Kandy is the geographical, cultural and religious heart of Sri Lanka and the last stronghold of the Sinhalese kings, falling to the British in 1815. It's a laidback town built around a peaceful lake and surrounded by lush green hills, which makes an excellent base for exploring both the Hill Country to the south and the ancient cities to the north. But unless you're there during a festival, don't expect buzzing nightlife.
While in town be sure to visit The Dalada Maligawa (aka Temple of the Tooth) which houses Sri Lanka’s most important religious relic - the sacred tooth of Buddha. Or coincide your visit with Sri Lanka's most important festival, the Kandy Esala Perahera. During July/August, this stunning 10-day event culminates at full moon with a spectacular procession of dancers, drummers and decorated elephants.
The hilly area south of Kandy is carpeted in lush tea plantations, clustered around the city of Nuwara Eliya. Sri Lanka is one of the world’s biggest producers of tea, which is said to be of the highest quality. Many of the old plantation bungalows have been transformed into luxurious boutique hotels. Reach them by train from Kandy - it’s a bucket list-worthy journey through jaw-dropping scenery.
Instead of joining the throngs at Adam's Peak, discover Horton Plains, Sri Lanka's highest and most isolated grass-covered plain (near Haputale). Paths lead you to the World's End precipice, where there’s a sheer drop of 700m. To avoid wandering around in the mist, go between January and April and get there before 10am. You can go by train, but the nearest station is Ohiya (40 minutes from Haputale), from where it's an 8km uphill walk to the entrance, followed by a 40-minute walk to World’s End. If you don't fancy the hike, hire a car with a driver so you can get up there early without having to set off in the middle of the night.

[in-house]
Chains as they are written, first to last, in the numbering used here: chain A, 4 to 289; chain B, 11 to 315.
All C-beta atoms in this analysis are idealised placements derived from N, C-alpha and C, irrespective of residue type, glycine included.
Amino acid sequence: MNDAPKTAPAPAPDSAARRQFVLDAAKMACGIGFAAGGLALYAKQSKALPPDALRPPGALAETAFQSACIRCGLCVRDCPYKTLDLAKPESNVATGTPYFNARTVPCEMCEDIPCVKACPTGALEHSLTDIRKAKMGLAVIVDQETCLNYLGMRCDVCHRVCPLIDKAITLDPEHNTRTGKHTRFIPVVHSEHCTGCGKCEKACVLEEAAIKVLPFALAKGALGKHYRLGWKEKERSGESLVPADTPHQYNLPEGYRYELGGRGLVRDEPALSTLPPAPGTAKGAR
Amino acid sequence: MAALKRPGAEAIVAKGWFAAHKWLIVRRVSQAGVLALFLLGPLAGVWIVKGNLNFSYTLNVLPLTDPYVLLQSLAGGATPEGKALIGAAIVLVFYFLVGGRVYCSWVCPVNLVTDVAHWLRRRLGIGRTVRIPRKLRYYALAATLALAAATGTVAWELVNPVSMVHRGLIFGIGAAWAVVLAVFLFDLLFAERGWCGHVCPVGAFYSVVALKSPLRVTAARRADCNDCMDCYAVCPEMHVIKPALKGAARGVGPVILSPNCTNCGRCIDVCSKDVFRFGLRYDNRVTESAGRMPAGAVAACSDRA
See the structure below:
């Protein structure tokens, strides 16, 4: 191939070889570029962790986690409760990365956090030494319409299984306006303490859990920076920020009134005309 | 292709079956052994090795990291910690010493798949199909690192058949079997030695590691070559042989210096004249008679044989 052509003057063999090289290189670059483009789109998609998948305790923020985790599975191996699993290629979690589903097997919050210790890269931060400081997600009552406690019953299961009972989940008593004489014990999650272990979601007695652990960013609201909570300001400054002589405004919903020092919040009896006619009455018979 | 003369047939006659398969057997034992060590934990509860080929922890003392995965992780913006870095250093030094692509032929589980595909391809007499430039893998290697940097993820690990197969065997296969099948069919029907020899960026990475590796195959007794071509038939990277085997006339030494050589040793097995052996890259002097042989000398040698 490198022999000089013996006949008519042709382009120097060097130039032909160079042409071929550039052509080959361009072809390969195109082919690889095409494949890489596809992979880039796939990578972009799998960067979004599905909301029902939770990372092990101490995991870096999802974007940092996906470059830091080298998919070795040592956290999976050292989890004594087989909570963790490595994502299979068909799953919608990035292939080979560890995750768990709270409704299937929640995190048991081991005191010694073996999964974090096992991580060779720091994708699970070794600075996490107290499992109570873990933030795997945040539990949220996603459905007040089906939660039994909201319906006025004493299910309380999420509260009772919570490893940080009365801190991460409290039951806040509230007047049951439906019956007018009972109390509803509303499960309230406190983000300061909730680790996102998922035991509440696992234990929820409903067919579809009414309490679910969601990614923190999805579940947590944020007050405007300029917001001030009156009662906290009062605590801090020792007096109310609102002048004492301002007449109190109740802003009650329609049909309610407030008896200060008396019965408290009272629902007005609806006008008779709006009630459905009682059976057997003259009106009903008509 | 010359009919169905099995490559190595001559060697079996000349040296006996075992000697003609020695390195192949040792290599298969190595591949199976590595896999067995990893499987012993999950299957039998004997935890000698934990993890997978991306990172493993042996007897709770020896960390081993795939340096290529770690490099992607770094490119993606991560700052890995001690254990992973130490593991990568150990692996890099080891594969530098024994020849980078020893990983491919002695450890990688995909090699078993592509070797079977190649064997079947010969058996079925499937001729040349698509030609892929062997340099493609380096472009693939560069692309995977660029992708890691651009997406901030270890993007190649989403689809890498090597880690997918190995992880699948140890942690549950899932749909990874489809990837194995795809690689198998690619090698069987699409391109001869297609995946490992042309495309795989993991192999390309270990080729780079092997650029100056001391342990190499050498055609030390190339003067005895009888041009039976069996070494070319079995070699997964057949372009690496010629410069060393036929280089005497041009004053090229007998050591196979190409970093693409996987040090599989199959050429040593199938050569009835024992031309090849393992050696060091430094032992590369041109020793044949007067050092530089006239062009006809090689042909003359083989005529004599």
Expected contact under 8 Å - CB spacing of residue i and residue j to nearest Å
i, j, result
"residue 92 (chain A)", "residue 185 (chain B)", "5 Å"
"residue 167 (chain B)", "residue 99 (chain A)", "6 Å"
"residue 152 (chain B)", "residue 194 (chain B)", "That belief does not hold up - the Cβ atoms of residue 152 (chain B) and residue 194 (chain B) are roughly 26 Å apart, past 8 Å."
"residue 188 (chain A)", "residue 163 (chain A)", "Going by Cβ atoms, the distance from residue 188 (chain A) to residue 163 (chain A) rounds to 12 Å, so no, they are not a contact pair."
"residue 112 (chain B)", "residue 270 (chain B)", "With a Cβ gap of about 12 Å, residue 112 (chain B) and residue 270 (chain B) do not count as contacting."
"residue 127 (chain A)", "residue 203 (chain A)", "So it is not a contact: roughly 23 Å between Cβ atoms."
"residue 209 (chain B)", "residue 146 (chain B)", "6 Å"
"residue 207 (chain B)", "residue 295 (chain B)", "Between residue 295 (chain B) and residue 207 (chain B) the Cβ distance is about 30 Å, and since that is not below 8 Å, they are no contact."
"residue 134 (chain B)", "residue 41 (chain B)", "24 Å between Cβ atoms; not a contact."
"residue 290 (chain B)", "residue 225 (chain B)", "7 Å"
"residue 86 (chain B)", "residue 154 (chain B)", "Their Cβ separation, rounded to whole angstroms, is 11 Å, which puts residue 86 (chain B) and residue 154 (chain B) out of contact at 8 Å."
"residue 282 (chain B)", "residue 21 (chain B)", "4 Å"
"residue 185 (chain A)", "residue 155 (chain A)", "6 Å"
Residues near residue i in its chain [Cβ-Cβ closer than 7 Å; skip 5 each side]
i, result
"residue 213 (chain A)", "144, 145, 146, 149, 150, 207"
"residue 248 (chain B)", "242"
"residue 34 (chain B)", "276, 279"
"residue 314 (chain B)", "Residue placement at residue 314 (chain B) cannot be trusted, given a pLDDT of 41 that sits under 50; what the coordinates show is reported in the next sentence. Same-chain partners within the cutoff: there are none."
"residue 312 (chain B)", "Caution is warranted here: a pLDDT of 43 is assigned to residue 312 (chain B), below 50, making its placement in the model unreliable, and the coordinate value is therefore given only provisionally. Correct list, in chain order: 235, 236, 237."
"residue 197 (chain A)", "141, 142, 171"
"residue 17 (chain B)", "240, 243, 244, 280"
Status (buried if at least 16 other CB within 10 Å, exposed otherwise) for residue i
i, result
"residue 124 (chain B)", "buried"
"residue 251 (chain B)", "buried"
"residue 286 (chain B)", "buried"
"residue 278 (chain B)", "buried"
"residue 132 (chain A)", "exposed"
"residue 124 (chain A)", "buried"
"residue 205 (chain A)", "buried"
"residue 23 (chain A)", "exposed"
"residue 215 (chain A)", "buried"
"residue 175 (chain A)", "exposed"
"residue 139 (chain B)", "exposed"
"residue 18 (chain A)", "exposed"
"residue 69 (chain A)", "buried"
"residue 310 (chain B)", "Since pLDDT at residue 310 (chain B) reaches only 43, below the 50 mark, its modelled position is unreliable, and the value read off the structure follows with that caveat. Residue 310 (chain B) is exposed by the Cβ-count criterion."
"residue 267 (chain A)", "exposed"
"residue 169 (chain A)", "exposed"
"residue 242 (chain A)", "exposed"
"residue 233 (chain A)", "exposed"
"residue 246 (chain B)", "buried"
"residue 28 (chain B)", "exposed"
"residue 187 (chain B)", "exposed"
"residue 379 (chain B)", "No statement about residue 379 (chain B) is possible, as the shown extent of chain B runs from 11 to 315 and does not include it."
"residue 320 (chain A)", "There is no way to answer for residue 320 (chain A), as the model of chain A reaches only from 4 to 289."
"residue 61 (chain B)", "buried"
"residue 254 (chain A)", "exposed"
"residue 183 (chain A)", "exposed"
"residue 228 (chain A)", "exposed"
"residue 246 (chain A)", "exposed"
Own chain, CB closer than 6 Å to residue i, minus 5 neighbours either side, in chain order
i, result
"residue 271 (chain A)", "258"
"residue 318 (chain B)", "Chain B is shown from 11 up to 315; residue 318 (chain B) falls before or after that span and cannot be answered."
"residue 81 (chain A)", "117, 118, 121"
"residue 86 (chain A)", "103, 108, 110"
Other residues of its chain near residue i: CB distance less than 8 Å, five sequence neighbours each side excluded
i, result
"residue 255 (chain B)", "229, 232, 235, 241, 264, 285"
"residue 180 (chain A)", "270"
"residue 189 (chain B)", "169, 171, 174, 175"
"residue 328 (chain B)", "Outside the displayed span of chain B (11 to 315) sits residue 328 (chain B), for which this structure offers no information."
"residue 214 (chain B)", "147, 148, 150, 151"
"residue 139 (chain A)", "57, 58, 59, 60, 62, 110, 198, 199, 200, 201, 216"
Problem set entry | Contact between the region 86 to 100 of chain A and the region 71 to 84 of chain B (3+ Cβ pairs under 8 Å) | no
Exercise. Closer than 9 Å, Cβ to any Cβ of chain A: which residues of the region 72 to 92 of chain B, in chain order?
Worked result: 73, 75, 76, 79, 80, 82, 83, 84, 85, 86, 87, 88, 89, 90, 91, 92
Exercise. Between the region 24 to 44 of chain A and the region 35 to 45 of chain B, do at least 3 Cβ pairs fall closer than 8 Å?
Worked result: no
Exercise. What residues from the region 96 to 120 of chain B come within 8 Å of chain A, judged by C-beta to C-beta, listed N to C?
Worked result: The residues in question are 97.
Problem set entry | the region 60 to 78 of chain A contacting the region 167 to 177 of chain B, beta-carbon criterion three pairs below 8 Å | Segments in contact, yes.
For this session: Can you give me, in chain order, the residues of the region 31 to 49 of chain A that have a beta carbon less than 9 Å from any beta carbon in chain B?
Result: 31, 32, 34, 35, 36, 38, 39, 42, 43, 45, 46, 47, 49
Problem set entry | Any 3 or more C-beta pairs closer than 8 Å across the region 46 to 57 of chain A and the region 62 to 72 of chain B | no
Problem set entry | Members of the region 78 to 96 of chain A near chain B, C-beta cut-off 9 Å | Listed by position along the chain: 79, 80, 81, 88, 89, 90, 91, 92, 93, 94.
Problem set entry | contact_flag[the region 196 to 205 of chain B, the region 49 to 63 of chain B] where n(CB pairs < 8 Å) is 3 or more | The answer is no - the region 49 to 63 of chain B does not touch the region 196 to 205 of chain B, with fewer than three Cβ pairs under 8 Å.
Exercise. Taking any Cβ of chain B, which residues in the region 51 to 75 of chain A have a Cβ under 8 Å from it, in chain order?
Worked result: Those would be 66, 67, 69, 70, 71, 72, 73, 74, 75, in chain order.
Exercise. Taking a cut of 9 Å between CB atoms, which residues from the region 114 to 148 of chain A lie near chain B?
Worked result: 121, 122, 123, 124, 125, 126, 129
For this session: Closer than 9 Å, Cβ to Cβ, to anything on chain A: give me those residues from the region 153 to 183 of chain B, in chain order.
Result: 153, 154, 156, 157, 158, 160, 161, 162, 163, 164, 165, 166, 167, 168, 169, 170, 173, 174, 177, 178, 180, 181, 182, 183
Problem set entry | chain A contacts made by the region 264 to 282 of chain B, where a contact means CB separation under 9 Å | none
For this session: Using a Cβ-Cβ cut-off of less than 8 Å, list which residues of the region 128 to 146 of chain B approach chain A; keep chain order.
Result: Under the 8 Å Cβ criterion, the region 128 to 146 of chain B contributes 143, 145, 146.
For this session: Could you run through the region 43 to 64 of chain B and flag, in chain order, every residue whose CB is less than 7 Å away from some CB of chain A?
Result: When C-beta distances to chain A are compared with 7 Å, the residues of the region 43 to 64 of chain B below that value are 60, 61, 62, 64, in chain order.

Head into the Hill Country and immerse yourself in the region's lush tea plantations. At 4,000 feet above sea level, [h:SL007:Ceylon Tea Trails'] 4 beautifully restored plantation bungalows were originally built for British tea managers during the Raj, and are set around the picturesque Castlereagh lake. From this luxury hotel you can watch the harvest in adjacent fields, visit a tea factory and discover the skills of tea blending and tasting. Another great way to see the area is by riding the Victorian railway, a relic from British colonial rule.
The 60m Dunhinda Falls are set in a tightly wooded valley and are one of Sri Lanka's most spectacular (pictured). They're 6km from Badulla (the end of the railway line - 2 hours from Haputale / 1 hour from Ella, followed by a 20-minute walk). Less magnificent but worth a visit if en route are the Diyaluma Falls, 170m high. If you're heading down to Wellaya from Haputale they're about half way down (1 1/4 hours) and 5km past Koslanda.
Sinharaja (30km south of Ratnapura) is Sri Lanka's last major area of virgin rainforest (8,800 hectares), and was designated a World Heritage Site in 1989. There's an abundance of birdlife, tropical foliage, small mammals, monkeys and leopards (rarely seen). Nearby Uda Walawe National Park is a 308 sq.km park of mainly grassland, which is less visited than Yala. In addition to a variety of birds and snakes, the wildlife here includes elephants, sambar deer, wild buffalo, crocodiles and the occasional leopard. You need your own transport to get here.